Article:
The Mirage



  Naguib Mahfouz was one of the most prominent writers of Arabic fiction in the twentieth century. He was born in 1911 in Cairo and began writing at the age of seventeen. His first novel was published in 1939. Throughout his career, he wrote nearly forty novel-length works and hundreds of short stories. In 1988 Mahfouz was awarded the Nobel Prize in Literature. He died in 2006.



  The Beggar, The Thief and the Dogs, Autumn Quail

  (omnibus edition)

  Respected Sir, Wedding Song, The Search

  (omnibus edition)

  The Beginning and the End

  The Time and the Place and Other Stories

  Midaq Alley

  The Journey of Ibn Fattouma


  Adrift on the Nile

  The Harafish

  Arabian Nights and Days

  Children of the Alley

  Echoes of an Autobiography

  The Day the Leader Was Killed

  Akhenaten, Dweller in Truth

  Voices from the Other World

  Khufu’s Wisdom

  Rhadopis of Nubia

  Thebes at War

  Seventh Heaven

  The Thief and the Dogs

  Karnak Café

  Morning and Evening Talk

  The Dreams

  Cairo Modern

  Khan al-Khalili

  The Cairo Trilogy:

  Palace Walk

  Palace of Desire

  Sugar Street


  Copyright © 1948 by Naguib Mahfouz

  First published in Arabic in 1948 as al-Sarab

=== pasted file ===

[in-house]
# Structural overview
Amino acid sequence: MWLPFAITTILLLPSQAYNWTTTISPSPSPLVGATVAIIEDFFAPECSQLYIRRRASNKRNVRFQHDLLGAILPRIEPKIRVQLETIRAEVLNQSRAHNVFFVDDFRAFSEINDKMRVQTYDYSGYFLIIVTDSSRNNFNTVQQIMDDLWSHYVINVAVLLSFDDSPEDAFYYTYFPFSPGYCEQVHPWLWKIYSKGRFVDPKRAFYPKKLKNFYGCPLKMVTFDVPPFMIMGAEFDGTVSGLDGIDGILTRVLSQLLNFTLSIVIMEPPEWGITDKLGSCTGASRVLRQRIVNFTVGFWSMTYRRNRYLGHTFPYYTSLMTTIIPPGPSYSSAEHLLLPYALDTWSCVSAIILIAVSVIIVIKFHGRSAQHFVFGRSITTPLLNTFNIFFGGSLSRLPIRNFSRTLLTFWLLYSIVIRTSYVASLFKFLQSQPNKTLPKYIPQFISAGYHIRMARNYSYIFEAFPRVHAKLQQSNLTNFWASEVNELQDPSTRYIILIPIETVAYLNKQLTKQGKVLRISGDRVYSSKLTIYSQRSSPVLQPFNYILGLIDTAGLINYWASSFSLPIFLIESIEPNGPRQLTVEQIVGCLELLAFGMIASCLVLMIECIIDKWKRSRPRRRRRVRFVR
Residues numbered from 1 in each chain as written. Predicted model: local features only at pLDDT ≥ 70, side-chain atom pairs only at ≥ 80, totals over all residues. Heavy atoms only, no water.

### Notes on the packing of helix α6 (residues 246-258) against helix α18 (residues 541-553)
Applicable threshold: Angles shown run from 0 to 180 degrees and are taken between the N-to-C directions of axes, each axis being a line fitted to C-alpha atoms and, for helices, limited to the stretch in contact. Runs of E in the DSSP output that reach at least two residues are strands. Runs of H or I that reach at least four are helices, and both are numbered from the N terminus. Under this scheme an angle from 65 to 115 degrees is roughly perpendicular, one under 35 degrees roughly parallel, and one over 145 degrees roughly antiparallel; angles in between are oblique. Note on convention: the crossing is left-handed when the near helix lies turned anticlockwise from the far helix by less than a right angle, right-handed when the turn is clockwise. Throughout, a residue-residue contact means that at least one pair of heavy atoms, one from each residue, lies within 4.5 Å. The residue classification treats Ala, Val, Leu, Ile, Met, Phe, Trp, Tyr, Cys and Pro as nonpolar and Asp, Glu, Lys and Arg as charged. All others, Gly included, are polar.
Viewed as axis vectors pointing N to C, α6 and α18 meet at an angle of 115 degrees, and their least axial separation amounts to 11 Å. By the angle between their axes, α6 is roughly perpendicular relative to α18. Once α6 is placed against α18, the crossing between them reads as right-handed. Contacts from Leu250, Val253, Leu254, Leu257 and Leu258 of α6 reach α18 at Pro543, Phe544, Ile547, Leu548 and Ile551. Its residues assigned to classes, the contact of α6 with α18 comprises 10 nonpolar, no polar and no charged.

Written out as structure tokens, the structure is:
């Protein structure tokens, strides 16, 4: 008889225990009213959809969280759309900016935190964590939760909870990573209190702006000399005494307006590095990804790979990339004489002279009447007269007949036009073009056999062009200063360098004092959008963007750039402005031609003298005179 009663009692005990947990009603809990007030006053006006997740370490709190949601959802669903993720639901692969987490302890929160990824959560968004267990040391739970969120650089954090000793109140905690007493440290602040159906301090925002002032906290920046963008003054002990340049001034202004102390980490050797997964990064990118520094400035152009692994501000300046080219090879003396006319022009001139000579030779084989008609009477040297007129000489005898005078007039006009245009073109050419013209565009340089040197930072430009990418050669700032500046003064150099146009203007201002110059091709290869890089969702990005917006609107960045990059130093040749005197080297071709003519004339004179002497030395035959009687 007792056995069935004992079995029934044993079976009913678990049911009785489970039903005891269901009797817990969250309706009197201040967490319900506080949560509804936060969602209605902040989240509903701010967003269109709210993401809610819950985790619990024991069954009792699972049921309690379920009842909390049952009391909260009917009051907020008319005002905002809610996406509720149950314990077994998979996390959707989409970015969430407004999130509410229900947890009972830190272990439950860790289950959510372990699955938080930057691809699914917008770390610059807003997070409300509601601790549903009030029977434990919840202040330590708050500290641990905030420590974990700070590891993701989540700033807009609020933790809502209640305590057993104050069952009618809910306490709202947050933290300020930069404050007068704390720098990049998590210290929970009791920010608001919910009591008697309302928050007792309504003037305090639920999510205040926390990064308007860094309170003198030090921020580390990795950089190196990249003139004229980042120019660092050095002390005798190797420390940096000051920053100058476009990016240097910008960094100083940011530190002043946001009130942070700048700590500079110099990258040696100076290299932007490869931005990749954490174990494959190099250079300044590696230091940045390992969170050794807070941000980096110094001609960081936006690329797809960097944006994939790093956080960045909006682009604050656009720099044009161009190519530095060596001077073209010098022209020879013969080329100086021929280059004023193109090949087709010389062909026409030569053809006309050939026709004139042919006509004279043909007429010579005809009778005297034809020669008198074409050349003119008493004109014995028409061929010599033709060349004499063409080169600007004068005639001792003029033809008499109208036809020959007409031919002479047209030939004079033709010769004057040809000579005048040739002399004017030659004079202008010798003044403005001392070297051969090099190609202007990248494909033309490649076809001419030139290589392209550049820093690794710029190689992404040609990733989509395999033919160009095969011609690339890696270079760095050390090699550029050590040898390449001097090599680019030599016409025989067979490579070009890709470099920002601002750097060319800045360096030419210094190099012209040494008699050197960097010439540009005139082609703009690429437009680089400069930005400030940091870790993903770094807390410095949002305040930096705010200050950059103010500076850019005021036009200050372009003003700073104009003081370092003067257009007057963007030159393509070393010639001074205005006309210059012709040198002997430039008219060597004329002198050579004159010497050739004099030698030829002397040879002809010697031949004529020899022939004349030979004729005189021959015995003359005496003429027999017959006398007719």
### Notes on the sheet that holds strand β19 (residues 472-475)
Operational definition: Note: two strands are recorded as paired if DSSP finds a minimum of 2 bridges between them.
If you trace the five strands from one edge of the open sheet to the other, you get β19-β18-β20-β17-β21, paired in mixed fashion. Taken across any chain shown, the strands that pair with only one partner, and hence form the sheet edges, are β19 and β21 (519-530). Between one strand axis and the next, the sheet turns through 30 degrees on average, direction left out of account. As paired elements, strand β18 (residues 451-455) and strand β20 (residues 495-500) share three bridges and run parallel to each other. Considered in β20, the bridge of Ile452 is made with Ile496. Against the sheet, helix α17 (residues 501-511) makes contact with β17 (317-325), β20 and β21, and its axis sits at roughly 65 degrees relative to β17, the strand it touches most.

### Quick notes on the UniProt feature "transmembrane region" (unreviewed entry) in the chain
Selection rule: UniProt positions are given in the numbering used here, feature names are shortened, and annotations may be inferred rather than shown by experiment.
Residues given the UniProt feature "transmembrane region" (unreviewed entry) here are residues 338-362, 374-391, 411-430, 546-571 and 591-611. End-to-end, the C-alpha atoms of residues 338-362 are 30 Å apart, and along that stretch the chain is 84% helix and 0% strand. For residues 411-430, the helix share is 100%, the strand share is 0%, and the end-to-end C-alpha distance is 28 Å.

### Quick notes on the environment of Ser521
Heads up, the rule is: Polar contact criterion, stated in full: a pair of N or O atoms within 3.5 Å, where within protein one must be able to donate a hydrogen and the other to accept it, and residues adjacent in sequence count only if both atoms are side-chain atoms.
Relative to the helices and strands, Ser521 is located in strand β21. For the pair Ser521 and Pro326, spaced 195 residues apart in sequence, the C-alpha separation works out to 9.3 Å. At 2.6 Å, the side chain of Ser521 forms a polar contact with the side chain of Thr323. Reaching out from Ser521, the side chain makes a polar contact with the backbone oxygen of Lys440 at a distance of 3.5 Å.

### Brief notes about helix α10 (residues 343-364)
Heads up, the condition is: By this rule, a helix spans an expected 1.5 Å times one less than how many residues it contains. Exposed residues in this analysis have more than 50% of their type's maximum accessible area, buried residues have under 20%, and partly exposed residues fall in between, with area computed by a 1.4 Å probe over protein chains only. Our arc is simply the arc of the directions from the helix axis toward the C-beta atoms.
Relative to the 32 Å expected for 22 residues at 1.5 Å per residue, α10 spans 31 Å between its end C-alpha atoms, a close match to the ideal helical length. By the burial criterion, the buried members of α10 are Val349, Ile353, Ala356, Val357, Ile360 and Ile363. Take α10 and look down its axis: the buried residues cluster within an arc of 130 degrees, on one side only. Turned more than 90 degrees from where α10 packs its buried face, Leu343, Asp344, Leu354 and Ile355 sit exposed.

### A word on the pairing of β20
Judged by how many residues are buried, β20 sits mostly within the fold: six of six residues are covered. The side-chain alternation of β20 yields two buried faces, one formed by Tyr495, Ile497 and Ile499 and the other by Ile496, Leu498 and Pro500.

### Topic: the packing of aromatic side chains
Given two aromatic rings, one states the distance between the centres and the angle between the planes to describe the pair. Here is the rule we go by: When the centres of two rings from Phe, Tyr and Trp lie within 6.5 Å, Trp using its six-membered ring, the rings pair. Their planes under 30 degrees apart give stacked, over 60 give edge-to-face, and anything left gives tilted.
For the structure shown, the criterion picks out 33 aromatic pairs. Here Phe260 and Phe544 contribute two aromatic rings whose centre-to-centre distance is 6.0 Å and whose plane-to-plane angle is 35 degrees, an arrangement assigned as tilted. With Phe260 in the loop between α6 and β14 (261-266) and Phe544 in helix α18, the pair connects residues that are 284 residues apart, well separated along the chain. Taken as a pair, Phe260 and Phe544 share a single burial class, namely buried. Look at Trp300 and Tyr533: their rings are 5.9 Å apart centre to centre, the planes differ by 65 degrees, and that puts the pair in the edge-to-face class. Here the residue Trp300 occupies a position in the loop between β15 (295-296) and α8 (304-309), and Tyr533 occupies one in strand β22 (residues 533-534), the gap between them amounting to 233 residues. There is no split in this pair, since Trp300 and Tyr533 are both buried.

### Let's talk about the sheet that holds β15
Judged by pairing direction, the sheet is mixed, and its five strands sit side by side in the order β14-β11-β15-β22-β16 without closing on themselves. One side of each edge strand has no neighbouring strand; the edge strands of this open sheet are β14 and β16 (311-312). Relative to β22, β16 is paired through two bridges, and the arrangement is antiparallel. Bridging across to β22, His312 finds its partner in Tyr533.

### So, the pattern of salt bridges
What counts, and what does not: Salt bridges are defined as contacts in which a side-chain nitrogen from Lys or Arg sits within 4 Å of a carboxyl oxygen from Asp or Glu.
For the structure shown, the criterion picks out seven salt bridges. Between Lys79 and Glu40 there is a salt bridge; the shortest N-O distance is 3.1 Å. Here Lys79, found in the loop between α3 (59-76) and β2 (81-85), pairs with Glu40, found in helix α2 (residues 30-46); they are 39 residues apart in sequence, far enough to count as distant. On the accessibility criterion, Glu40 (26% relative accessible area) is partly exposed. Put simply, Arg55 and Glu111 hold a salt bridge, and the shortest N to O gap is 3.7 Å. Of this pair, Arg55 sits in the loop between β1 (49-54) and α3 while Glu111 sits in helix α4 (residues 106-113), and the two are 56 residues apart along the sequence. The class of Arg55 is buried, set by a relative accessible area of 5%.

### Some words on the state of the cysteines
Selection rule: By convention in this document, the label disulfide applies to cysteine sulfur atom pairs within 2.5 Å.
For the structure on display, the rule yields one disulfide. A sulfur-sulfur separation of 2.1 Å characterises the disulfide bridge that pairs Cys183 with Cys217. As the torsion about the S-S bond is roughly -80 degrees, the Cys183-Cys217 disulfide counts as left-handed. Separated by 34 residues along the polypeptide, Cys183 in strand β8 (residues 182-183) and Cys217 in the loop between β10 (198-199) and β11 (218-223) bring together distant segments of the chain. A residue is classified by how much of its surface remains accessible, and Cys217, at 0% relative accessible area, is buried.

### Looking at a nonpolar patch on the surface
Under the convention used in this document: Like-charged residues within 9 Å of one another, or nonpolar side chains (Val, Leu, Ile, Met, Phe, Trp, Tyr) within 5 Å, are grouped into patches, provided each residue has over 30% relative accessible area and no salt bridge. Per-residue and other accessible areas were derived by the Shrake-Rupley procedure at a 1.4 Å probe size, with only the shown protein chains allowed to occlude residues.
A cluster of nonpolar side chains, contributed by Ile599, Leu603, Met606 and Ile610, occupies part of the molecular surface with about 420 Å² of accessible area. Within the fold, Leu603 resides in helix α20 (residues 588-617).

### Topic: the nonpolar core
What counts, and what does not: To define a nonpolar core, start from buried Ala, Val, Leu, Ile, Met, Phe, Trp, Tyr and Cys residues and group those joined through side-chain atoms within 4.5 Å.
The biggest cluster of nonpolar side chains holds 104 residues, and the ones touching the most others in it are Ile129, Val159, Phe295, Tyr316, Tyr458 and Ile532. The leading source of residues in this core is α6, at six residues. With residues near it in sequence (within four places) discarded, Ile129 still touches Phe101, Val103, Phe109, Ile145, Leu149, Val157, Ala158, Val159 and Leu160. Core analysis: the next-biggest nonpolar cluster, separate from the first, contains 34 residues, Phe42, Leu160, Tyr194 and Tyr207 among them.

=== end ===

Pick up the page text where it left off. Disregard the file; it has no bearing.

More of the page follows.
English translation copyright © 2009 by Nancy Roberts

  All rights reserved. Published in the United States by Vintage Books,

  a division of Random House, Inc., New York,

  and in Canada by Random House of Canada Limited, Toronto.

  Originally published in hardcover in the United States

  by The American University in Cairo Press,

  Cairo and New York, in 2009.

  Anchor Books and colophon are registered trademarks of Random House, Inc.

  This is a work of fiction. Names, characters, places, and incidents either are the product of the author’s imagination or are used fictitiously. Any resemblance to actual persons, living or dead, events, or locales is entirely coincidental.

  The Cataloging-in-Publication Data is on file at the Library of Congress.

  eISBN: 978-0-307-94767-3

  Cover photograph © Peter Adams/Corbis.

  Cover design by Eric Fuentecilla




  About the Author

  Other Books by This Author

  Title Page


  Chapter 1

  Chapter 2

  Chapter 3

  Chapter 4

  Chapter 5

  Chapter 6

  Chapter 7

  Chapter 8

  Chapter 9

  Chapter 10

  Chapter 11

  Chapter 12

  Chapter 13

  Chapter 14

  Chapter 15

  Chapter 16

  Chapter 17

  Chapter 18

  Chapter 19

  Chapter 20

  Chapter 21

  Chapter 22

  Chapter 23

  Chapter 24

  Chapter 25

  Chapter 26

  Chapter 27

  Chapter 28

  Chapter 29

  Chapter 30

  Chapter 31

  Chapter 32

  Chapter 33

  Chapter 34

  Chapter 35

  Chapter 36

  Chapter 37

  Chapter 38

  Chapter 39

  Chapter 40

  Chapter 41

  Chapter 42

  Chapter 43

  Chapter 44

  Chapter 45

  Chapter 46